“Today, the United Nations Office for South-South Cooperation – in collaboration with Member States, UN agencies and other development partners – is launching a compilation of ‘Good Practices,” together with “Triangular Cooperation, for Sustainable Development,’” said UN Deputy Secretary-General Amina Mohammed on behalf of the Secretary-General at a commemorative event in New York.
She showcased works-in-progress, including an ecosystem-based approach for managing freshwater resources, in six small island developing States.
“The transfer of technologies and vast inter-regional infrastructure investments are facilitating access to international markets for medium and small-scale enterprises,” she stated. “However, we are all keenly aware that there is more to be done to fully leverage the potential of South-South collaboration and partnership.”
In the late 1970s, the Global South embarked on a knowledge-sharing collaboration featuring economic, political, environmental, social and technical know-how, that formally became the Buenos Aires Plan of Action for Promoting and Implementing Technical Cooperation among Developing Countries (BAPA) – a blueprint for South-South cooperation.
According to Ms. Mohammed that “marked the beginning of a new phase of cooperation.”
“Driven by a spirit of solidarity, respect for national sovereignty and equal partnership, BAPA embodied the developing world’s desire to promote the sharing of homegrown solutions as a complement to North-South cooperation in fostering international cooperation for development,” she elaborated.
Since that landmark agreement, there has been a surge in South-South and triangular cooperation, with developing countries becoming key actors in implementing the 2030 Agenda.
Furthermore, over the last decade, greater trade between developing countries has driven an increase in world trade and new multilateral institutions devoted to South-South cooperation.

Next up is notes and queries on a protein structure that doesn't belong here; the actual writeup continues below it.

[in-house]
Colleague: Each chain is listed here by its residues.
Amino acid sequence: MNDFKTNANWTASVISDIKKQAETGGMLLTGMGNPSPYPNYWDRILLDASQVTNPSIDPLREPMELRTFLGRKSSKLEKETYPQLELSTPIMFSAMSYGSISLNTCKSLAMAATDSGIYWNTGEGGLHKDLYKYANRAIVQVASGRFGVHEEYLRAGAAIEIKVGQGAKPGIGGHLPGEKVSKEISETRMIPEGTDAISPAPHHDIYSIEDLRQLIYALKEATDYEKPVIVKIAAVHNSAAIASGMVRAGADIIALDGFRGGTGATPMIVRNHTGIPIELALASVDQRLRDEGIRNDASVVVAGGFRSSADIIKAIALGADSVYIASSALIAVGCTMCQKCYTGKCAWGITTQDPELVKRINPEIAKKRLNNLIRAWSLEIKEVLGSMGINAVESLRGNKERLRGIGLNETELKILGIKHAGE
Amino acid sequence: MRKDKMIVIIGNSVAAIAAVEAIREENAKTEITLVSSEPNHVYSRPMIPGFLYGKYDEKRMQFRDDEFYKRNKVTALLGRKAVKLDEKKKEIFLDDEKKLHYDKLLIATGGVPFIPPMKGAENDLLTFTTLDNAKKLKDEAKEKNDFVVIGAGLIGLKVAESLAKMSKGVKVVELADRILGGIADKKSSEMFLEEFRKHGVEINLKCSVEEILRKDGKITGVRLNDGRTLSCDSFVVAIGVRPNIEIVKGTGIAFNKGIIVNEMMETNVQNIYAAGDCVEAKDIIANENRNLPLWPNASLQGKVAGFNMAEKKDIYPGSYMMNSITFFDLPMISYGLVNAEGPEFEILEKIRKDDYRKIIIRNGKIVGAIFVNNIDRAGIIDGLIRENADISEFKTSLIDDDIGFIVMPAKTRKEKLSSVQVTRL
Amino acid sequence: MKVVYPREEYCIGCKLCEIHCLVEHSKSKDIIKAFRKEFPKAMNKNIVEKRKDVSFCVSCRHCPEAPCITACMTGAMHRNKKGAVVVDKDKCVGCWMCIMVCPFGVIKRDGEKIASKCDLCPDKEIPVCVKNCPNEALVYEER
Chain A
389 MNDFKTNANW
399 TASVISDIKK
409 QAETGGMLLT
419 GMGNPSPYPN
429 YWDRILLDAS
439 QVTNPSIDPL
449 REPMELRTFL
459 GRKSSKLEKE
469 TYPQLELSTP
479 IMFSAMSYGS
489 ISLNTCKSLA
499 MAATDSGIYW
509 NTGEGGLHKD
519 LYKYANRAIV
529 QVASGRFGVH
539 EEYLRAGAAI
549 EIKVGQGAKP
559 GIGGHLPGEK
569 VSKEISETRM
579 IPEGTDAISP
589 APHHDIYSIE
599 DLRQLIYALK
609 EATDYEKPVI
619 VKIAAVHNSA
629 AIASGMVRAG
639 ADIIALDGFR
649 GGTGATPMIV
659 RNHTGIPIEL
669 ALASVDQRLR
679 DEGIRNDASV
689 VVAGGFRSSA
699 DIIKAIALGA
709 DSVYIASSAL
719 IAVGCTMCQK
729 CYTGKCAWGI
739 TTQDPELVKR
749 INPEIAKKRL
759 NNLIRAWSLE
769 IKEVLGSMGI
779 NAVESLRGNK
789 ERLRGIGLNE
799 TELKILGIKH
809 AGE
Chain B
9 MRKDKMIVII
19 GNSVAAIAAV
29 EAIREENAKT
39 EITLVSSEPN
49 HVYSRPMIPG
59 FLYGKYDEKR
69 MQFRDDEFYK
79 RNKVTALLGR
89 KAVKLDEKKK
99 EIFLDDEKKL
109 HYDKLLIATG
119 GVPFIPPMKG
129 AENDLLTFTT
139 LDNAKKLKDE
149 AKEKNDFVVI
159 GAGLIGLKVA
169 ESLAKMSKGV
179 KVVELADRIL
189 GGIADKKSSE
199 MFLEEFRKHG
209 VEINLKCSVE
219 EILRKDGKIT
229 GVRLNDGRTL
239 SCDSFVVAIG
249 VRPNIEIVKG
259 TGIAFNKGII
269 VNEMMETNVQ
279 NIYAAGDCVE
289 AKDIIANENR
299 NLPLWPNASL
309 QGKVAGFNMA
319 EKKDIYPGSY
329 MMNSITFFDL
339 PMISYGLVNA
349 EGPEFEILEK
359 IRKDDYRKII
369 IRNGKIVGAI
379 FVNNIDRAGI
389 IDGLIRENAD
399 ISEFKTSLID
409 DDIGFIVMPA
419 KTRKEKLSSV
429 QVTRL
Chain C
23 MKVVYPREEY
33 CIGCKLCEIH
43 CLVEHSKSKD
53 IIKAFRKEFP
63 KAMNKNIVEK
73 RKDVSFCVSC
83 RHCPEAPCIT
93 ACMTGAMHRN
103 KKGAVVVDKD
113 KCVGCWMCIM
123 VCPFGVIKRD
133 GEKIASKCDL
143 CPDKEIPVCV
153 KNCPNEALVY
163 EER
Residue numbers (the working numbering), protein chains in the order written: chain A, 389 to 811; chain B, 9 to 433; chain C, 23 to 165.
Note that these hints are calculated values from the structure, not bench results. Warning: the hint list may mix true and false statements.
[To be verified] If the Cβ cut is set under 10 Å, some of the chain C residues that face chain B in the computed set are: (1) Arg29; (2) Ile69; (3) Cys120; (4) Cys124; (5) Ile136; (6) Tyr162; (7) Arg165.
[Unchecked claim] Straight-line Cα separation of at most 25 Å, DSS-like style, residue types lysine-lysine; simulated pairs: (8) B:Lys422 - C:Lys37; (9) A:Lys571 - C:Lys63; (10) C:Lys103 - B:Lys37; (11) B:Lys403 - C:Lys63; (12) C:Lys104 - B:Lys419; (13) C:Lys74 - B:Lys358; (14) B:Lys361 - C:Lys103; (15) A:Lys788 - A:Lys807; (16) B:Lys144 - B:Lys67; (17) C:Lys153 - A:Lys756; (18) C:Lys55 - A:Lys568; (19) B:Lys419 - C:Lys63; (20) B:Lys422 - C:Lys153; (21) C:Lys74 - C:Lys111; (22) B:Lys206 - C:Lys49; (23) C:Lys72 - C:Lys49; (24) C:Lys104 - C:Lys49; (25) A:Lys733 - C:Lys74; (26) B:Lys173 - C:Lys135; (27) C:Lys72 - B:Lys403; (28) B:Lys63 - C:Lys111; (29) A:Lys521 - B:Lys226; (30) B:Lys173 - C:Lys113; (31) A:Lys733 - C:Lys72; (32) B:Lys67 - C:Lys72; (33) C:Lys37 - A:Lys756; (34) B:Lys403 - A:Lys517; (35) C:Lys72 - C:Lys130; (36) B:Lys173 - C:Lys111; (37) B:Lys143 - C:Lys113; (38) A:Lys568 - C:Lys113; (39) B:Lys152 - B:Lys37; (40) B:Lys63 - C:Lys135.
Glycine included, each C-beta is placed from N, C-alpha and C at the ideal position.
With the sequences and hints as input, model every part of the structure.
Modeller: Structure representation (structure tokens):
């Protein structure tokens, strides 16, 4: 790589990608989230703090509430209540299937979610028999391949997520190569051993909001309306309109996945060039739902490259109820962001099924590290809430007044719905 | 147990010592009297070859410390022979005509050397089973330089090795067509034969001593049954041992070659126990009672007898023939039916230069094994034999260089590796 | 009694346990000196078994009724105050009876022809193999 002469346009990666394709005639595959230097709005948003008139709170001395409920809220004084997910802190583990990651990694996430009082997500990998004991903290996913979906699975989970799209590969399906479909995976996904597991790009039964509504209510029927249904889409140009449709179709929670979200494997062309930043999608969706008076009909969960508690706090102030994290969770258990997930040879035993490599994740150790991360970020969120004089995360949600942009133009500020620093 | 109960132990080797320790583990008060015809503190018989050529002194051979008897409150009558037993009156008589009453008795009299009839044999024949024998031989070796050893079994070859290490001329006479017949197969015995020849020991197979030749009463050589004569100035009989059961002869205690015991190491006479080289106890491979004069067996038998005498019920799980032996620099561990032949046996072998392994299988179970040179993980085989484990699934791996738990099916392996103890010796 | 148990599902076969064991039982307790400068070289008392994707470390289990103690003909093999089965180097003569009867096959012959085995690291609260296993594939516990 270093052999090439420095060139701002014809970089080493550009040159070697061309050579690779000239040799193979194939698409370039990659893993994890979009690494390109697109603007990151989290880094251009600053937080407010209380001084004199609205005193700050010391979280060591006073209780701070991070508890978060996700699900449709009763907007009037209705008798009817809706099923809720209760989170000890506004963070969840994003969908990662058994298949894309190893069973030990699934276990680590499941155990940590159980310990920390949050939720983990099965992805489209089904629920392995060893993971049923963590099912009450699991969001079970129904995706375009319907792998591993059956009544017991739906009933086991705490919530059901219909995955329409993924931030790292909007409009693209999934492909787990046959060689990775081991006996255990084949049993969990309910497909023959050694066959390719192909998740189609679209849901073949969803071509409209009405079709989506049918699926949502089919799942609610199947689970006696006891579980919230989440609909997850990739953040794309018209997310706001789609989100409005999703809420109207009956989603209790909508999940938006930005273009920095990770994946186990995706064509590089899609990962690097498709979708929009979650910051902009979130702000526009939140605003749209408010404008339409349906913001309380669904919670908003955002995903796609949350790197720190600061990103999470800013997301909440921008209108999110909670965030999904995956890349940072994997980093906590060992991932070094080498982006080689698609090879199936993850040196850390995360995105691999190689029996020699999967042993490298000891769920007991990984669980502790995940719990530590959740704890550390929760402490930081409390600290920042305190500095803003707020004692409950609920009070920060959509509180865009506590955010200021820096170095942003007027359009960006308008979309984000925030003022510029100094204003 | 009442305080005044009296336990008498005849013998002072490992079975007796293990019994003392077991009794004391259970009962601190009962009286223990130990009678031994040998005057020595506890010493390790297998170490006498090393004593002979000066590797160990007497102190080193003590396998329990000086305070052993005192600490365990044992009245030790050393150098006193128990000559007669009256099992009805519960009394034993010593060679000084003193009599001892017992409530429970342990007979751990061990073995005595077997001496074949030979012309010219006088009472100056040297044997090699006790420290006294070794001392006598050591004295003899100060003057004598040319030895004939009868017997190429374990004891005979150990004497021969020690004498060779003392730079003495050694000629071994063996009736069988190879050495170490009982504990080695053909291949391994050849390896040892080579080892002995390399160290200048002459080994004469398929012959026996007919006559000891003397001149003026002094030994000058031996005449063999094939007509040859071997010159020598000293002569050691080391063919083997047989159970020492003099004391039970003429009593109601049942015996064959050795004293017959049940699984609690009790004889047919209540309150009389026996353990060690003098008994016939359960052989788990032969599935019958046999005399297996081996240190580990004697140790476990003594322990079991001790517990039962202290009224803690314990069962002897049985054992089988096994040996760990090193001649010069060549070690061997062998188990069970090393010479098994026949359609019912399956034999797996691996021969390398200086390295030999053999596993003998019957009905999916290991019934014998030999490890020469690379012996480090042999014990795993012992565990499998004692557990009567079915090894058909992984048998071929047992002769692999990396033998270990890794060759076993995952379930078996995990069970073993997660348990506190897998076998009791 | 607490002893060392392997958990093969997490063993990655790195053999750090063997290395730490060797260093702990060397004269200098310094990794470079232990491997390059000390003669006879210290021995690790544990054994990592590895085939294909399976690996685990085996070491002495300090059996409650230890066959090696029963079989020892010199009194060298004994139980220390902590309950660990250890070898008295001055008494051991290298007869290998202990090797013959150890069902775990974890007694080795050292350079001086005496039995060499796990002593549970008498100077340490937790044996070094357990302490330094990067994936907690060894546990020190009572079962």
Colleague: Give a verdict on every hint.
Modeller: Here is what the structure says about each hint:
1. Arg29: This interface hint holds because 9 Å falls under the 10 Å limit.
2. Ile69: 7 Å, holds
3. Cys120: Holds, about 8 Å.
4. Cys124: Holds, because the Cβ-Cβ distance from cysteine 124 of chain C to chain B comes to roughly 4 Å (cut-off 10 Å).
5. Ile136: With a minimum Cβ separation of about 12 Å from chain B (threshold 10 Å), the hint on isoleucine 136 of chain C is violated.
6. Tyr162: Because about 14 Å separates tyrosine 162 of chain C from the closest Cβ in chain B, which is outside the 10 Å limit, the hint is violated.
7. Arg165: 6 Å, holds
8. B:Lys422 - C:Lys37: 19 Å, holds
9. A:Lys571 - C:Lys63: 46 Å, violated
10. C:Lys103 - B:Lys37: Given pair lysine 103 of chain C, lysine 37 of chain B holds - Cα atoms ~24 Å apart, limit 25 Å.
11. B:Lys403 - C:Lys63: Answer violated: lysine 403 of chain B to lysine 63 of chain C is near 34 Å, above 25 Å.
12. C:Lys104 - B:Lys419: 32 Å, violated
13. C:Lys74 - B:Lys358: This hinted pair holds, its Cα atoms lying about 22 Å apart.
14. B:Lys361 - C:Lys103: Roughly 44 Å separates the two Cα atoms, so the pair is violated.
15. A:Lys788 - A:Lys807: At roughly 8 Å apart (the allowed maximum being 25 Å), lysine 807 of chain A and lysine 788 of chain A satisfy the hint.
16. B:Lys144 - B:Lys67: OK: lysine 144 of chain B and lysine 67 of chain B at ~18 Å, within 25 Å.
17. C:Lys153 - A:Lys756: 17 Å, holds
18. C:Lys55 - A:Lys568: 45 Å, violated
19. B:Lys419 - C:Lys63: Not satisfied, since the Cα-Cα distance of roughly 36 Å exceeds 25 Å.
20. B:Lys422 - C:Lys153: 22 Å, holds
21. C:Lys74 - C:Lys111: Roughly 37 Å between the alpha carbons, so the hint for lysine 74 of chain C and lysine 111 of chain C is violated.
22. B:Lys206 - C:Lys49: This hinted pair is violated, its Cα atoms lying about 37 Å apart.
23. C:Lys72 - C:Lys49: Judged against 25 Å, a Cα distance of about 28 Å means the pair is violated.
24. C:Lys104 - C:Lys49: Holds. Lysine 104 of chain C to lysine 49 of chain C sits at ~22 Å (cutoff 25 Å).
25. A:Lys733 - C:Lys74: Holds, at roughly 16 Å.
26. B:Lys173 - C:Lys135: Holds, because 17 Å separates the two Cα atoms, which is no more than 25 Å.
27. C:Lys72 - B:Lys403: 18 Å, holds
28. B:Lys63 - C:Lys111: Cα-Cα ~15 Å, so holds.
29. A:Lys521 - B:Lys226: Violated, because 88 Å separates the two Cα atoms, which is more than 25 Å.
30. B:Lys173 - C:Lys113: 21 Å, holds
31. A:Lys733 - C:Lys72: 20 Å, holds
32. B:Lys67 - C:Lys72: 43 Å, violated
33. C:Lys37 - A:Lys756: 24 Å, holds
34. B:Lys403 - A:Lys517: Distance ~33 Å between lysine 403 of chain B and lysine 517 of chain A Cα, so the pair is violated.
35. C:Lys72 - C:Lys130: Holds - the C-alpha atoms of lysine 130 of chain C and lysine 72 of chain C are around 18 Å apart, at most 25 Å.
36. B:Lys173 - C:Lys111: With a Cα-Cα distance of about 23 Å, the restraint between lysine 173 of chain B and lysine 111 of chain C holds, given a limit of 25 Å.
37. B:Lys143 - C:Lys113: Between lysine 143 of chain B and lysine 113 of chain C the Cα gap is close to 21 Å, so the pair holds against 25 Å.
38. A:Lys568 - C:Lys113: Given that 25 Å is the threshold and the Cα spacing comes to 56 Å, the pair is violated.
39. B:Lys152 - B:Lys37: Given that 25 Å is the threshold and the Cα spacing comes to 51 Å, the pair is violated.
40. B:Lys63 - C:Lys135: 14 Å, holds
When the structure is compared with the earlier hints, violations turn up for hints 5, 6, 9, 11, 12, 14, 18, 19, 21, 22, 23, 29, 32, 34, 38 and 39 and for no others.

The deputy UN chief pointed out that in a few months, Member States would meet again in Buenos Aires for the Second High-level Conference on South-South Cooperation, BAPA+40, to review four decades of trends, and to launch an inclusive South-South and triangular strategy to implement the 2030 Agenda.
“I encourage us all to actively participate in the BAPA+40 preparatory process,” she said. “And I invite you to participate in the Global South-South Development Expo here in New York from 28 to 30 November.”
In concluding, she encouraged all to “reaffirm our commitment to this invaluable means of achieving sustainable development and improving the lives of billions of people in the Global South and beyond.”
A cornerstone for sustainable development
At the same time, a commemorative event in Thailand called for deepening cooperation to foster sustainable development in countries across Asia and the Pacific.
Jointly organized by the UN Economic and Social Commission for Asia and the Pacific (ESCAP), UN Office for South-South Cooperation (UNOSSC), and Thailand’s Ministry of Foreign Affairs, the high-level gathering highlighted that South-South and triangular cooperation must be a corner stone to collectively implementat the 2030 Agenda in the region.
"Asia Pacific is now the world’s largest trading region, sitting at the heart of global value chains and international investment, and at the forefront of technological innovation," said Kaveh Zahedi, ESCAP Deputy Executive Secretary. "Expertise which, deployed intelligently, could improve competitiveness, reduce inequality and make globalization fairer - more sustainable."
In a video message, Jorge Chediek, UNOSSC Director stressed that BAPA has provided a strong mandate to implement South-South Cooperation as a key instrument to achieve the globally agreed goals.
“The Asia-Pacific region has been a birthplace and model for South-South Cooperation,” said Mr. Chediek. “We are confident that this region will continue to make contributions to the new global agenda with renewed commitment to South-South Cooperation.”